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Should I consider switching teams?

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Senior Software Engineer [L5] at Pinteresta year ago

I work as an ML Engineer at a company, and I have been part of my team for two years. Unfortunately, the product I was solely responsible for got canceled due to external reasons, even though it was showing good growth. Throughout my career, I have specialized in creating recommendation systems for online content platforms.

Currently, I am involved in less impactful tasks related to migrating our systems. We hope to find more meaningful work in the future, but I'm unsure if our team can achieve significant growth. While my manager sees value in me, I am not considered the best player on the team.

Recently, I learned that the Ads department is actively seeking to hire experienced ML engineers, possibly even seniors. They have ambitious goals and are eager to develop new solutions to reach them. I attended their hiring meeting, and the ML director spoke passionately about the work, which felt risky but exciting.

Part of me believes I should join this team. The expectations would be higher, and the company genuinely values their work. It would provide a greater challenge, and I believe such situations are crucial for personal growth and improvement. Additionally, working in a different department would expose me to different organizational dynamics. In my current team, I'm increasingly feeling complacent and lack inspiration.

On the other hand, part of me thinks I should remain with my current team. I don't dislike my manager, which is not always the case in every job. My current team is also important, and I have respect for my colleagues. If I stick it out, there's a chance I might come across something interesting eventually. However, switching teams would mean losing the relationships I've built and potentially delaying promotion opportunities. Moreover, there are concerns about possible layoffs, so it might be safer to be conservative.

Do you have any thoughts on this matter?



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    Tech Lead @ Robinhood, Meta, Course Hero
    a year ago

    I think it depends on your prioritization system when it comes to risk vs. consistency:

    • If you're more comfortable with risk and growing to L6 is very important to you, the ads team seems like a good place to be.
    • If you're fine staying as a well-performing L5 and just want a place where you're treated well and have a supportive manager/team, that's the case for staying.

    Migration work can be of large scope as well, and it's generally hard for a team to not have enough L5 scope (L6 is a different story). There's a good discussion on measuring migration project impact here: "How can I demonstrate the impact of migration projects in a platform team?"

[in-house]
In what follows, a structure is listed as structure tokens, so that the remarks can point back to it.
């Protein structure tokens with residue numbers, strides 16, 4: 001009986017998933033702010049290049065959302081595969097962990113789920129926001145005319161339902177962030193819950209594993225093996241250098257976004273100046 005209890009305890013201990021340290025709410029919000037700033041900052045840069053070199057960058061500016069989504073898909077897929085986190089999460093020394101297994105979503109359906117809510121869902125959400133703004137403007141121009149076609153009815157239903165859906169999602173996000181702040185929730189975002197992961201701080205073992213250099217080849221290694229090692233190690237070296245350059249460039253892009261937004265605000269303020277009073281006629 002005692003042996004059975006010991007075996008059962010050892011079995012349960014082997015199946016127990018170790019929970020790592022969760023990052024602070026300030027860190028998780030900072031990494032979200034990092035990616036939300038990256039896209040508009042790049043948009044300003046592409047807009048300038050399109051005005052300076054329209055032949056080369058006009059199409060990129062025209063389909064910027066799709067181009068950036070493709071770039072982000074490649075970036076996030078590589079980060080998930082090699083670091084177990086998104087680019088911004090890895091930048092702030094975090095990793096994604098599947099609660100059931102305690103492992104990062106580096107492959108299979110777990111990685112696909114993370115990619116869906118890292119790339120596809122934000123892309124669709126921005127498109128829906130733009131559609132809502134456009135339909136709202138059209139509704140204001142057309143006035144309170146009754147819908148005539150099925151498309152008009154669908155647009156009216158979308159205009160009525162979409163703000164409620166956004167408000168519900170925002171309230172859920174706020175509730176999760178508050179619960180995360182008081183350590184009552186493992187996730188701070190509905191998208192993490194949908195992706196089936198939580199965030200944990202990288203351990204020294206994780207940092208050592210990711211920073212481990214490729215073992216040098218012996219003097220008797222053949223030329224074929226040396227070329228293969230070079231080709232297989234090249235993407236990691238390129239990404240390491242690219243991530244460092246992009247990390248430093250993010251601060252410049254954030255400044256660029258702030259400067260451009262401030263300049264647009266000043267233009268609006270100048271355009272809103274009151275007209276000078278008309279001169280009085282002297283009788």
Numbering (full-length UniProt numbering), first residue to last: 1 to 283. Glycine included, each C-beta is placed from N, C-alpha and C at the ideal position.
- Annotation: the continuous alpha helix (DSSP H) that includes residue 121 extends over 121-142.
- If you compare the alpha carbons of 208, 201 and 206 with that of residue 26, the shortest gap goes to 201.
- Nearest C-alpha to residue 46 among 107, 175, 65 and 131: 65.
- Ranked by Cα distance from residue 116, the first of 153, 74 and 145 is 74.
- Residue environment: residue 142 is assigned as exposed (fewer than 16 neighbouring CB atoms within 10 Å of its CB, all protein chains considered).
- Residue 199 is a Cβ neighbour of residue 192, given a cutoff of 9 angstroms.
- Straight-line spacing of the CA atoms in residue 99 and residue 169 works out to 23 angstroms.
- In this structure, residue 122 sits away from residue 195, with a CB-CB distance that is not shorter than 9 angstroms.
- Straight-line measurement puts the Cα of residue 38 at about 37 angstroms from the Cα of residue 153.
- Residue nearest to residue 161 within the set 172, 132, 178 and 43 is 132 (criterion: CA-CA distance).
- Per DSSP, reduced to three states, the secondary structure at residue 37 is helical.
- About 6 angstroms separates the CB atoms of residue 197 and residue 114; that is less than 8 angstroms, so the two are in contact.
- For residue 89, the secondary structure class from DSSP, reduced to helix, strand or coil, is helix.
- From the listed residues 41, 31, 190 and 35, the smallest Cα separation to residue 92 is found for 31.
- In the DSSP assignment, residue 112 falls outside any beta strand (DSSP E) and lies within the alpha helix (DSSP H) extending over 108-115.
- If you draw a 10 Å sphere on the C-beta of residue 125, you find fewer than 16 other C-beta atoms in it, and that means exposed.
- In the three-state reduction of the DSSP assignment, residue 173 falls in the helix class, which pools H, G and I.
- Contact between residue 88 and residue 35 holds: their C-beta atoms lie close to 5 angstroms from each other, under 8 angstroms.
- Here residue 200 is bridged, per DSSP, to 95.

Something I will say though is that working on an ads team in a social media company is stressful. I worked on ads at Instagram for 3 years, and maintaining good work-life balance was hard (I also had an unfair advantage as a mobile developer). Folks on back-end and ML ranking had extremely crazy oncalls as you're working very directly with $$$.

    I share a lot of my experience working on ads here: "What is it like working on ads teams?"

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    Head of Engineering at Capgemini
    a year ago

    I think the opportunity in front of you presents a lot of upside and you'll probably learn new things by taking it on. That being said, I would think through how your mitigate risk and protect your downside. Here's some tips on how to think through this.

    • Reversibility: assuming the worst case scenario happens if you take the Ads role (e.g. underperform and laid off), how difficult is it for you personally to get back to where you are currently career wise, financially, etc. I personally think through the following to assess reversibility before making a "risky" career move.
      • Strength of my existing network: are there people within and outside the company that will outright hire me if there is a position, put in a strong referral for me, broker an intro, etc.
      • Ability to expand network as needed: hypothetically, for every 100 cold outreach you do, how does your conversion rate look like for responses back, etc. Test this out to observe what results look like and also check how comfortable you are doing this
      • Marketability of your existing skills: you can somewhat gauge this with the cold outreach and talking to some recruiters and hiring managers (start with ones you know). Can also "eyeball" it based on desired skillsets on JDs (works better for more junior roles) vs. skills and experience you have to demonstrate them
      • How good you are at interviewing: for better or worse, everyone's interviewing abilities will add a +/- to what your actual competency baseline is. Only way to validate for sure is to go do a bunch of interviews, settle for mock-interviews if it's hard to get real ones
    • Mitigations: for each risk, make a plan on how you can mitigate it that's completely within your span of control. For example, there's something you can do for each of the points I mentioned under "Reversibility". Hit up your network before you need them, practice making new connections, deliberately seek out and practice interviews. Additionally, it's a good idea to maintain a great relationship with you current team and manager. I've seen many cases where they will take you back if the role on the new team doesn't work out or vouch for you to navigate your way into other parts of the org.
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